Are Parents a Positive or Negative Influence?- Jamie Wright 0
For the past 18 months, I have been attending a local leagues central venue for small sided football, each week coming away and having the feeling of disappointment and regret that I hadn’t stopped 6, 7 and 8 year old boys and girls being verbally abused by adults.
Due to the Christmas break and a trip to the NSCAA convention in America, last Saturday was my first outing of 2012 to support our two u8 grassroots teams. (KG Note: Jamie submitted this post February 8, 2012). I got there as games were already underway and got the feeling something was different — there was no noise, just the odd shout from enthusiastic coaches. I stood back and realised why — the games were taking place at a new venue due to the winter conditions — a brand new 3G pitch which was caged, parents not allowed inside, only the players and their coaches! If this has been enforced by the league then it is genius; no parents encroaching the playing area, no parents screaming and shouting. The result was 7/8 year old players enjoying their football, trying tricks and making hundreds of unchallenged decisions (apart from the odd critical coach).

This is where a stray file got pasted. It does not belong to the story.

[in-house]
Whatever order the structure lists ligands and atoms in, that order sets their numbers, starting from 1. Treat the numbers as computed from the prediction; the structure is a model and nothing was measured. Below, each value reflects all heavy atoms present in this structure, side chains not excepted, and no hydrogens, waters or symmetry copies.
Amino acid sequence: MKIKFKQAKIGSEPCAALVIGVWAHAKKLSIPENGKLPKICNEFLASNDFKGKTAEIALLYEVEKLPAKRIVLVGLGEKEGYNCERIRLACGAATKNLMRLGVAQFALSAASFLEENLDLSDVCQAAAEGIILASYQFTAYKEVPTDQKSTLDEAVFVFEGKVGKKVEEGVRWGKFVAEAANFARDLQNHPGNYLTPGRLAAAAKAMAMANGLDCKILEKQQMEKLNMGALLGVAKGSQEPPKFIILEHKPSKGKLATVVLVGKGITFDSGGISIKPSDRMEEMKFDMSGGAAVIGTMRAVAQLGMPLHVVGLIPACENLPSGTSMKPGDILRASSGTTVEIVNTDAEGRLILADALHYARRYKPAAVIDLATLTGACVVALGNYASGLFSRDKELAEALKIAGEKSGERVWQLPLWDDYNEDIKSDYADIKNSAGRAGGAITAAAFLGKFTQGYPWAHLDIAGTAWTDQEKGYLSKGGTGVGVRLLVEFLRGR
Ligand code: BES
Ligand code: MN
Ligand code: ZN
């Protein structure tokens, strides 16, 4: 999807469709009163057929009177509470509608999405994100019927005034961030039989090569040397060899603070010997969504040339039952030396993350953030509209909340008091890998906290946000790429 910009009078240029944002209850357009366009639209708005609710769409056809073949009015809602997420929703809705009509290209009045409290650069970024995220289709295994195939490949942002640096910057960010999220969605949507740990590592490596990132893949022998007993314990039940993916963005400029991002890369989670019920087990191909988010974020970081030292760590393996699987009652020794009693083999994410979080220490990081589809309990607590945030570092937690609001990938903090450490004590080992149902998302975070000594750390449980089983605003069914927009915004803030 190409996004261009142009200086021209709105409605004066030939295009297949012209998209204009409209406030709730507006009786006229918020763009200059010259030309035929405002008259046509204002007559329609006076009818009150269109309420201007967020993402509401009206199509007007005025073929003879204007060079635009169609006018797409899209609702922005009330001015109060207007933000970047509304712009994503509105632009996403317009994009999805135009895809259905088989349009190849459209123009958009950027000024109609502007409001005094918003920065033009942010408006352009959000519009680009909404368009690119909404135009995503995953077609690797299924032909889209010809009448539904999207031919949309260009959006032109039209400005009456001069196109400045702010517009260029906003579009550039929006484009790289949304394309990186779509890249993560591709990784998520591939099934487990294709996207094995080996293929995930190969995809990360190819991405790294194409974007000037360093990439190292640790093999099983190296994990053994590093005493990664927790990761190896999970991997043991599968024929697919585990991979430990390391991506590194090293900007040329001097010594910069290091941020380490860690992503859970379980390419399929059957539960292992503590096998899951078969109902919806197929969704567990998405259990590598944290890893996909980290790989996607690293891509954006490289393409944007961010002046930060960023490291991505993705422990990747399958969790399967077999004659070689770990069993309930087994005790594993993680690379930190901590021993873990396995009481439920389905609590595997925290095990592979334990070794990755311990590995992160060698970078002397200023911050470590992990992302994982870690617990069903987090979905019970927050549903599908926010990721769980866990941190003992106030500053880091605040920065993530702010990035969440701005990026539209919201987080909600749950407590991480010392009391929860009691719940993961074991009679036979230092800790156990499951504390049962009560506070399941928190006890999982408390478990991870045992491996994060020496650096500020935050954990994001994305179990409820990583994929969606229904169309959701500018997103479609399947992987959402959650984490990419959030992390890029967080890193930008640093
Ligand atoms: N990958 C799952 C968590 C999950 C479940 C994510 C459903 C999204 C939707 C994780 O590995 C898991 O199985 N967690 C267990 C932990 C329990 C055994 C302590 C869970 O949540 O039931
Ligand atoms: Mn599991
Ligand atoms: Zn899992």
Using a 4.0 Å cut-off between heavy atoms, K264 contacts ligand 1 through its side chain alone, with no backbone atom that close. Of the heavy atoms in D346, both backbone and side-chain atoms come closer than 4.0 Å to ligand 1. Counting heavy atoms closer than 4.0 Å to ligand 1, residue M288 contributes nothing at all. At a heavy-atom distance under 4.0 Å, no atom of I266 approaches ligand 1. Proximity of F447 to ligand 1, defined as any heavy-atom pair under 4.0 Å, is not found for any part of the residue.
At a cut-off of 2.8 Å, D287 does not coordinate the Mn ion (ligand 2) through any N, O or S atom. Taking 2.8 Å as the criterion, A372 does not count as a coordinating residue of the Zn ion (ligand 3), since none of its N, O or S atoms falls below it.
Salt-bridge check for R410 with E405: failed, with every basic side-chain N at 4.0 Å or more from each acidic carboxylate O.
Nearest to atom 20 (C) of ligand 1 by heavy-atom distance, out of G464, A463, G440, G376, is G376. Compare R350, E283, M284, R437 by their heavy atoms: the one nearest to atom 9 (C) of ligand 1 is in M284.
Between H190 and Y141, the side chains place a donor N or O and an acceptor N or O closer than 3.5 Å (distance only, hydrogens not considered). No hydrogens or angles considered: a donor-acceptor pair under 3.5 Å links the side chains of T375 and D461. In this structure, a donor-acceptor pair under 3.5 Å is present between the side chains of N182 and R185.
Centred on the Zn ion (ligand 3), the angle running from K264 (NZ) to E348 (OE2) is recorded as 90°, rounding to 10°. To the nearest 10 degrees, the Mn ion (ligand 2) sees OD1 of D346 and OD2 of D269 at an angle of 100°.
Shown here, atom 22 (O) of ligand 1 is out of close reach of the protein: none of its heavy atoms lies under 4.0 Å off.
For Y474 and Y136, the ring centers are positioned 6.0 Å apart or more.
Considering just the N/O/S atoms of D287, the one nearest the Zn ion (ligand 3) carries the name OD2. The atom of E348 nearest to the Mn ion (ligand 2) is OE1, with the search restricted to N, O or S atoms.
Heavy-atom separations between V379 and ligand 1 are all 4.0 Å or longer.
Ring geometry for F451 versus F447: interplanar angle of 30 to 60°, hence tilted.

For once, I came away having enjoyed the football first and foremost, not pulling my hair out and moaning to my missus about the way a parent screamed at a child for making a mistake.
This got me thinking — surely we shouldn’t have to put the players in a cage, locking parents out to allow youngsters to enjoy their game?
When you do your English FA level 1 & 2 coaching qualifications, you are given the necessary skills/tools to deliver fun and educational coaching sessions. Whose role is it to educate parents? Of course there are some very positive and supportive parents out there but for those parents who continue to shout, give negative feedback and constantly criticise, how can we educate them?
I don’t have the answer yet and I realise not every negative parent sees their short falls, but when you next coach your side take a minute to observe your parents and think — how can I effect their behavior on match days?
Jamie Wright is currently the Head of Football Development at SAFC Foundation (official charity of EPL team Sunderland AFC), where he writes new coaching delivery programs as well as develops and writes a coaching education program. His roles with this club over the last 10 years have also included Disability Coordinator and Project Manager at an outreach center. He has also worked at the Club’s Academy for 9 years specializing in working with the U-7 to U-10 age groups. SAFC Foundation recently attended the 2012 NSCAA Convention and are available to hold player development or coach development camps and are interested in developing links with partner clubs or organizations in the US. For more information, get in touch with Jamie at [email protected] .